Andy Marso, M.A., Writer, joined the Kansas Health Institute in 2014 as a journalist for the KHI News Service, a partner in the Heartland Health Monitor reporting collaboration with KCUR, KCPT and Kansas Public Radio. He previously covered state government news for the Topeka Capital-Journal, wh...
Shermaine Walker’s son died of a rare fungal brain infection last year in a Kansas prison, and since then she’s been trying to find out whether the prison’s private health care contractor could have stopped it. That same contractor, Corizon Health, oversees inmate care in Missouri prisons. A state legislator there contends Corizon staff misdiagnosed his uncle’s cancer. He’s also asking how that happened.
The opioid abuse crisis is costing Missouri about $1.4 million an hour, or enough to wipe out the economic gains produced by the state’s agriculture, mining and utility industries, according to a study released this week. The study by the Missouri Hospital Association considered health care, lost work productivity, substance abuse treatment and other costs for the thousands of Missourians who were addicted to opioids and the 921 who died of an opioid-related overdose in 2016.
The College of the Ozarks announced Friday that savings prompted by the recent GOP tax bill will allow the college to give its employees a one-time bonus this month. $204, that is. “We were expecting to have to pay the extra amount in Obamacare costs,” college President Jerry C. Davis said in a statement. “We are grateful for this savings and want to pass it along to our hard-working employees.
Muck Rack makes it simple to find people, tweets, or articles that mention any name, keyword, company, hashtag etc. We've compiled this guide to help you make the most of your search.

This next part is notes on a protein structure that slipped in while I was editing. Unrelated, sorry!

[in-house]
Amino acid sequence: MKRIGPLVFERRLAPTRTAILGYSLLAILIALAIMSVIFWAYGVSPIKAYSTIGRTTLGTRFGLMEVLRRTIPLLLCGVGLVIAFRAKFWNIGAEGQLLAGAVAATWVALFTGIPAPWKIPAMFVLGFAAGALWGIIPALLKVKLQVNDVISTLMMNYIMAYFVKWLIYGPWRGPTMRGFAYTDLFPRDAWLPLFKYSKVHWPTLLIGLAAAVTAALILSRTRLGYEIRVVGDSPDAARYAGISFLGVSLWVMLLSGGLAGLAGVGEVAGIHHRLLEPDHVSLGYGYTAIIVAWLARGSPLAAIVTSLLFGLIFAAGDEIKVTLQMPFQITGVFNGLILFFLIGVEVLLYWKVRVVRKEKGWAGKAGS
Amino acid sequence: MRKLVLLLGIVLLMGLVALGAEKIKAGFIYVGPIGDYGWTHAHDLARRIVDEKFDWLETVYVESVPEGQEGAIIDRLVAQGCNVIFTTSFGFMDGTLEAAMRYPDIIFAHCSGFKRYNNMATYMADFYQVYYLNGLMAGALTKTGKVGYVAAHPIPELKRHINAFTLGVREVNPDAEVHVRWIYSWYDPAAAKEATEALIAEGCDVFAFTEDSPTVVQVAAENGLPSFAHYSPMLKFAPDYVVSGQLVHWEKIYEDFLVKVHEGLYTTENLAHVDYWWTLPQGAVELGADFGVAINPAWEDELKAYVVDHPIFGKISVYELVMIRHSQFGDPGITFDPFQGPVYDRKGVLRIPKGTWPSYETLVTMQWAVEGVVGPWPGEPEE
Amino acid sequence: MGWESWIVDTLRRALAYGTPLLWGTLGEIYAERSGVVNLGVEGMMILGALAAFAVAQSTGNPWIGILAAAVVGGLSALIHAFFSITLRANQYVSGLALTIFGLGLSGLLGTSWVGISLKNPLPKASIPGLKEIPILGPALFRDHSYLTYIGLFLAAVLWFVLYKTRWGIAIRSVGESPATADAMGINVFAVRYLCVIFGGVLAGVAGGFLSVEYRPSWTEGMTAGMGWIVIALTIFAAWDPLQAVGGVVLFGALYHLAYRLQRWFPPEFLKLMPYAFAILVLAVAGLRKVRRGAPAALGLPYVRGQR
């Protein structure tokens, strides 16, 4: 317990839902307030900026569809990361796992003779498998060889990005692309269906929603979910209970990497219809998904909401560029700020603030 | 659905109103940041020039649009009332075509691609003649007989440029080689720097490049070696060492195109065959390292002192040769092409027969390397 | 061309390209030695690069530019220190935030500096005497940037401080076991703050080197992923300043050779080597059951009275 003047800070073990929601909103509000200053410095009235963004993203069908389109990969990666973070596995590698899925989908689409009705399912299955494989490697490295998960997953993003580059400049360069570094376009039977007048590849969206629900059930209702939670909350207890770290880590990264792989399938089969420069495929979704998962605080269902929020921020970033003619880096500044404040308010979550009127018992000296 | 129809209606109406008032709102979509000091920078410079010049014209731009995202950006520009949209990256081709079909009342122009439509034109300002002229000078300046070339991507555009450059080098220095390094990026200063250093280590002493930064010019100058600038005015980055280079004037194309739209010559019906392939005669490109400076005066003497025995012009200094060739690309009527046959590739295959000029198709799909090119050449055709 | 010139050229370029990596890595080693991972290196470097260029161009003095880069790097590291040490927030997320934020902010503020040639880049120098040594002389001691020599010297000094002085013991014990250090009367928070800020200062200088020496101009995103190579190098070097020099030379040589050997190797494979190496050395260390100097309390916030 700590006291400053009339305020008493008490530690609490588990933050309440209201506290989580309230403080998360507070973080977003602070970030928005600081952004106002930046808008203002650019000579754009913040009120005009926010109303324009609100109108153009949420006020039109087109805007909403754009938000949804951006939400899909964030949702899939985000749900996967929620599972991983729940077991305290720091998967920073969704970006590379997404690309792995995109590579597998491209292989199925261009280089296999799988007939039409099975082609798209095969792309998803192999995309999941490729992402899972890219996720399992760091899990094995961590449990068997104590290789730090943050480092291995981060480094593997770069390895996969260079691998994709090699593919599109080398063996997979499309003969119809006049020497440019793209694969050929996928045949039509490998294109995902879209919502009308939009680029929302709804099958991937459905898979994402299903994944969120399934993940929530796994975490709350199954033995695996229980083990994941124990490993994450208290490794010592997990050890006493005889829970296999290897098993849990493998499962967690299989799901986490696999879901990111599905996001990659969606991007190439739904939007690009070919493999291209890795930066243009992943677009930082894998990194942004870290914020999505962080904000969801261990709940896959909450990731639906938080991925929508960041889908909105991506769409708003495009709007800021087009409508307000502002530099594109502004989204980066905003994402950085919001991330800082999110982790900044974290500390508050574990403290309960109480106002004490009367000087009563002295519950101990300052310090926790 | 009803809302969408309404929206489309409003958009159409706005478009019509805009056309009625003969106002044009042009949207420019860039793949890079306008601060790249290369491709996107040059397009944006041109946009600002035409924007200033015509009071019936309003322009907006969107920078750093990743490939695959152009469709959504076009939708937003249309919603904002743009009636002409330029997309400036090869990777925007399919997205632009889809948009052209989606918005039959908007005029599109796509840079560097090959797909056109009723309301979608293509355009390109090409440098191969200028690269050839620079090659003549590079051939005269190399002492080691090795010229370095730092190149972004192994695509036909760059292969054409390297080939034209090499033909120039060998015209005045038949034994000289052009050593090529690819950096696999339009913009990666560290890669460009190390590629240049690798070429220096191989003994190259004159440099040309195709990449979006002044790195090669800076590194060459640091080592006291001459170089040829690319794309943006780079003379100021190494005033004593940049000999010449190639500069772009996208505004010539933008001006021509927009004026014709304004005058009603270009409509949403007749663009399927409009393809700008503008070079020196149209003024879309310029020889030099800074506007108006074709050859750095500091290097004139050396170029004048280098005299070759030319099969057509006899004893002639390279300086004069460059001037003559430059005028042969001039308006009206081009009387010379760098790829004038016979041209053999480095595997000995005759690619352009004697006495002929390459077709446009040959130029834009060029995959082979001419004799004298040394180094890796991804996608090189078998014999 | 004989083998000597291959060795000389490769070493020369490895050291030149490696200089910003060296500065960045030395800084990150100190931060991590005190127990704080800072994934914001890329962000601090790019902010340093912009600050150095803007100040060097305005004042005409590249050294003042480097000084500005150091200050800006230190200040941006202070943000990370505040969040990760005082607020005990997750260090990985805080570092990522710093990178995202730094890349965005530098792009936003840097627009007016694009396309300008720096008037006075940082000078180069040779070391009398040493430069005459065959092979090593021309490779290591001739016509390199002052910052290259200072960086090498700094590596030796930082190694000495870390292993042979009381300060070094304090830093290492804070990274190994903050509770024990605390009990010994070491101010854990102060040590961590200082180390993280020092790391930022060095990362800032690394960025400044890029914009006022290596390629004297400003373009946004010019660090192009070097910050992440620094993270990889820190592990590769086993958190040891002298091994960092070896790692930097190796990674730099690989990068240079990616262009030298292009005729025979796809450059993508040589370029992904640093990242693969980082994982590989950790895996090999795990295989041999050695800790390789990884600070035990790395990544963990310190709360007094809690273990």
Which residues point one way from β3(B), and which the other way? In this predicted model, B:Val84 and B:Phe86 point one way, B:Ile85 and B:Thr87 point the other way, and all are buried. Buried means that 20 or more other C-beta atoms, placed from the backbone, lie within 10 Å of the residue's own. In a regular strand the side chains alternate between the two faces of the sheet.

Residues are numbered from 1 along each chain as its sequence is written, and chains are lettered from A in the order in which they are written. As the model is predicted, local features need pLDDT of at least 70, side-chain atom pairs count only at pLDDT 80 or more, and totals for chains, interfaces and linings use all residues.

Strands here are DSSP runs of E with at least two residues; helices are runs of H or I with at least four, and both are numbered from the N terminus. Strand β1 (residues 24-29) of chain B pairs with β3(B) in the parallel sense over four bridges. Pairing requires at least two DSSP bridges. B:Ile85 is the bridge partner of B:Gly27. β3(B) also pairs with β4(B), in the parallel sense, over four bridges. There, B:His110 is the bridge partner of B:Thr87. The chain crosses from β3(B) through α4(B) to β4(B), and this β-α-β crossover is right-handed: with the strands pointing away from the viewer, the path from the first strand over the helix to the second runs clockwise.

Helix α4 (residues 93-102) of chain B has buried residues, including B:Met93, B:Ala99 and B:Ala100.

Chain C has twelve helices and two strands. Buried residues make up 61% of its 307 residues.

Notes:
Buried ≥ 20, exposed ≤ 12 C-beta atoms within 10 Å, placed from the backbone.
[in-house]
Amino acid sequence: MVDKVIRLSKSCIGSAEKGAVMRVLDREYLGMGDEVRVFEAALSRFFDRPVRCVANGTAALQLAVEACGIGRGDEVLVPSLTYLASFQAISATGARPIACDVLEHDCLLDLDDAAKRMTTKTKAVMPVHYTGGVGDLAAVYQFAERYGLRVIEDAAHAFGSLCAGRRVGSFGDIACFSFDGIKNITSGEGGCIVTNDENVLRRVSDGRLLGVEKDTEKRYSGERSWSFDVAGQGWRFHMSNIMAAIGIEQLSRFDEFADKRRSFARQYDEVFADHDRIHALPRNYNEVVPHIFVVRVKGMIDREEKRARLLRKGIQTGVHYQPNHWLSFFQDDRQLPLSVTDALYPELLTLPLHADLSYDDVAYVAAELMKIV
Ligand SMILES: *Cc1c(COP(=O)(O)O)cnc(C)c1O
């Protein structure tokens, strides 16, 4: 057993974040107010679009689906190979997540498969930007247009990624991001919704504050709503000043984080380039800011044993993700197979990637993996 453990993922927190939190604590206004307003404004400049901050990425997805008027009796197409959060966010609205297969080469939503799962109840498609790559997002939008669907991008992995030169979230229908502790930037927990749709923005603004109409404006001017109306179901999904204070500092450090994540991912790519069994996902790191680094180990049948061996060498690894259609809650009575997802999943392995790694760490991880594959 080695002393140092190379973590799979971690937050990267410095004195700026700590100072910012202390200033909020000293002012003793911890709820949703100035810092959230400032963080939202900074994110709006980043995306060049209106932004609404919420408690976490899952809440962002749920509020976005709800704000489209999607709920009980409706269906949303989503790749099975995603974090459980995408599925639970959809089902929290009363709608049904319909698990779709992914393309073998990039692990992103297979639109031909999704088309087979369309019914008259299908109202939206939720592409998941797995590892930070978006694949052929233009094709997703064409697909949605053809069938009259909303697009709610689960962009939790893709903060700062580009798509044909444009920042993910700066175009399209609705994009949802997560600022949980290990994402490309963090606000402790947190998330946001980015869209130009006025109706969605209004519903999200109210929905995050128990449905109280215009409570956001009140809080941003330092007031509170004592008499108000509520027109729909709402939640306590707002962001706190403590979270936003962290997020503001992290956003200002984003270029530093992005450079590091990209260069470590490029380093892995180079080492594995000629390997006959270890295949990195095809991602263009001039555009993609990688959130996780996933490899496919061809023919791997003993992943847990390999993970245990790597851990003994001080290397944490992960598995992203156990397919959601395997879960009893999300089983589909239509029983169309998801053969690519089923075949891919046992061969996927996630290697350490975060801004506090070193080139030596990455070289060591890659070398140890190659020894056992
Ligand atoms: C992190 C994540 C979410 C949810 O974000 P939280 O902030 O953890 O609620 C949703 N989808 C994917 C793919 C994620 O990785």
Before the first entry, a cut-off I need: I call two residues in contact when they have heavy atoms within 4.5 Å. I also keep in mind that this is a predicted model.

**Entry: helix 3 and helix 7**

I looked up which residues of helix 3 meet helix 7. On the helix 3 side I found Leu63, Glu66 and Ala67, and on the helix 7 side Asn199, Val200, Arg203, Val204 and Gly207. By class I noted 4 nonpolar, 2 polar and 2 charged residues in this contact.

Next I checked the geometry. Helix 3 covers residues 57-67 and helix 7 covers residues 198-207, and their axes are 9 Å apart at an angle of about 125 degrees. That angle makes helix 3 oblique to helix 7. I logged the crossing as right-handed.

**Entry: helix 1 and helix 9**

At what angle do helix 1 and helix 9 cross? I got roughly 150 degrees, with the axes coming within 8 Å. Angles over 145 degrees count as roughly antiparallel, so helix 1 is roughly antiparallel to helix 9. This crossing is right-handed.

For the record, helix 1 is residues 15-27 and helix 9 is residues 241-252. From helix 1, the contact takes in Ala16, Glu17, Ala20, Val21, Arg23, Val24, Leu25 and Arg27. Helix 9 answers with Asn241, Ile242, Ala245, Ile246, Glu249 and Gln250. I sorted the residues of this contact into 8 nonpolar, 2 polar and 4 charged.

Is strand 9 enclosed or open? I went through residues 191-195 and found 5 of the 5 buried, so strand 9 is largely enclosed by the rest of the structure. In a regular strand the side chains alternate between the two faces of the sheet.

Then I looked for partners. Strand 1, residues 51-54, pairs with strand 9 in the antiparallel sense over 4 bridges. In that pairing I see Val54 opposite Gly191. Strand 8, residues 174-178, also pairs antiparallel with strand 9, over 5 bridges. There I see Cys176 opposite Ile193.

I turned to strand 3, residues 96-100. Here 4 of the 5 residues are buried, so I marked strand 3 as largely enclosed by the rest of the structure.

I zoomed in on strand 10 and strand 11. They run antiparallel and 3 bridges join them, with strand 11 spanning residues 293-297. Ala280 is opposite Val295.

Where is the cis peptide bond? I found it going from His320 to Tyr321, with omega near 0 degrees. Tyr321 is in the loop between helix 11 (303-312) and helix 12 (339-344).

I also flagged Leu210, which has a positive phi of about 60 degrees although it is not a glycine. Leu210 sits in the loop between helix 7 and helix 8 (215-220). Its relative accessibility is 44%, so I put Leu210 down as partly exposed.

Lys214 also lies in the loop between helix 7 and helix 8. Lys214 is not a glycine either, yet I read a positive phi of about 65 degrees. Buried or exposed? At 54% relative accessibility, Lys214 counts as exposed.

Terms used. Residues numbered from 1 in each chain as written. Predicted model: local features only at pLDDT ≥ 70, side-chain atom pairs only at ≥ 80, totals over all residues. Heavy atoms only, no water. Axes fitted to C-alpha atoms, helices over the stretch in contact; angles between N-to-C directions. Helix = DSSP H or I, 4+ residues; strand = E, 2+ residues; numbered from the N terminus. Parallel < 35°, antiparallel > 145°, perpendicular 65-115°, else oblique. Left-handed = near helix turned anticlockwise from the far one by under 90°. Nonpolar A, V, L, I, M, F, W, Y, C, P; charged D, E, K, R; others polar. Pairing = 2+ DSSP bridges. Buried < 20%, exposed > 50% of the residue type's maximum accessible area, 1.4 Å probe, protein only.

Selecting a term
Start searching tweets, articles from media outlets, articles mentioned in tweets, journalists'
names, titles and bios with some suggested searches:
Companies or Topics (e.g. iPhone, Microsoft)
Phrases (e.g. "cloud computing") — use quotes to keep the terms together
Twitter handles (e.g. @username) — returns those who have mentioned or replied to
Names (e.g. "David Pogue")
Hashtags (e.g. #sxsw, #london2012)
Bio details (e.g. vegan, Olympics, father)
Muck Rack's Advanced Search allows for many boolean operators.
Find results that mention multiple specified terms, use AND or
+. For example, ensure each result contains both Elon Musk and Mark Zuckerberg by
searching Musk AND Zuckerberg or Musk + Zuckerberg.
Use the operators OR or , to broaden your search when you'd like either of
multiple terms to appear in results. (This is the default behavior of our search when no operators
are used). For example, results will contain either cake or cookie by searching cake OR cookie or cake,cookie
Use NOT or - to subtract results from your search. For
example, searching Disney will yield results about the Walt Disney Company as well as Walt Disney
World Resort. To exclude mentions of Disney World, search for Disney -World or Disney
When using one of these operators with a phrase, enclose it in quotation marks. For example, you can
find results about smartphones excluding Apple's iPhone 4S by searching smartphone -"iPhone
Exact case matching or punctuation
If you're searching for a brand name or keyword that relies on specific punctuation marks or capitalization, you can
find results that match your exact query by adding matchcase: before the keyword you're searching for, like matchcase:E*TRADE .
Use parentheses to separate multiple
boolean phrases. For example, to find journalists talking about having fun in Disney World or
Disneyland, search for ("disney world" OR disneyland) AND fun.
An asterisk can be used to search for any variation of a root word truncated by the asterisk. For example, searching for admin* will return results for administrator, administration, administer, administered, etc.
A near operator is an AND operator where you can control the distance between the words. You can vary the distance the near operation uses by adding a forward slash and number (between 0-99) such as strawberries NEAR/10 "whipped cream", which means the strawberries must exist within 10 words of "whipped cream".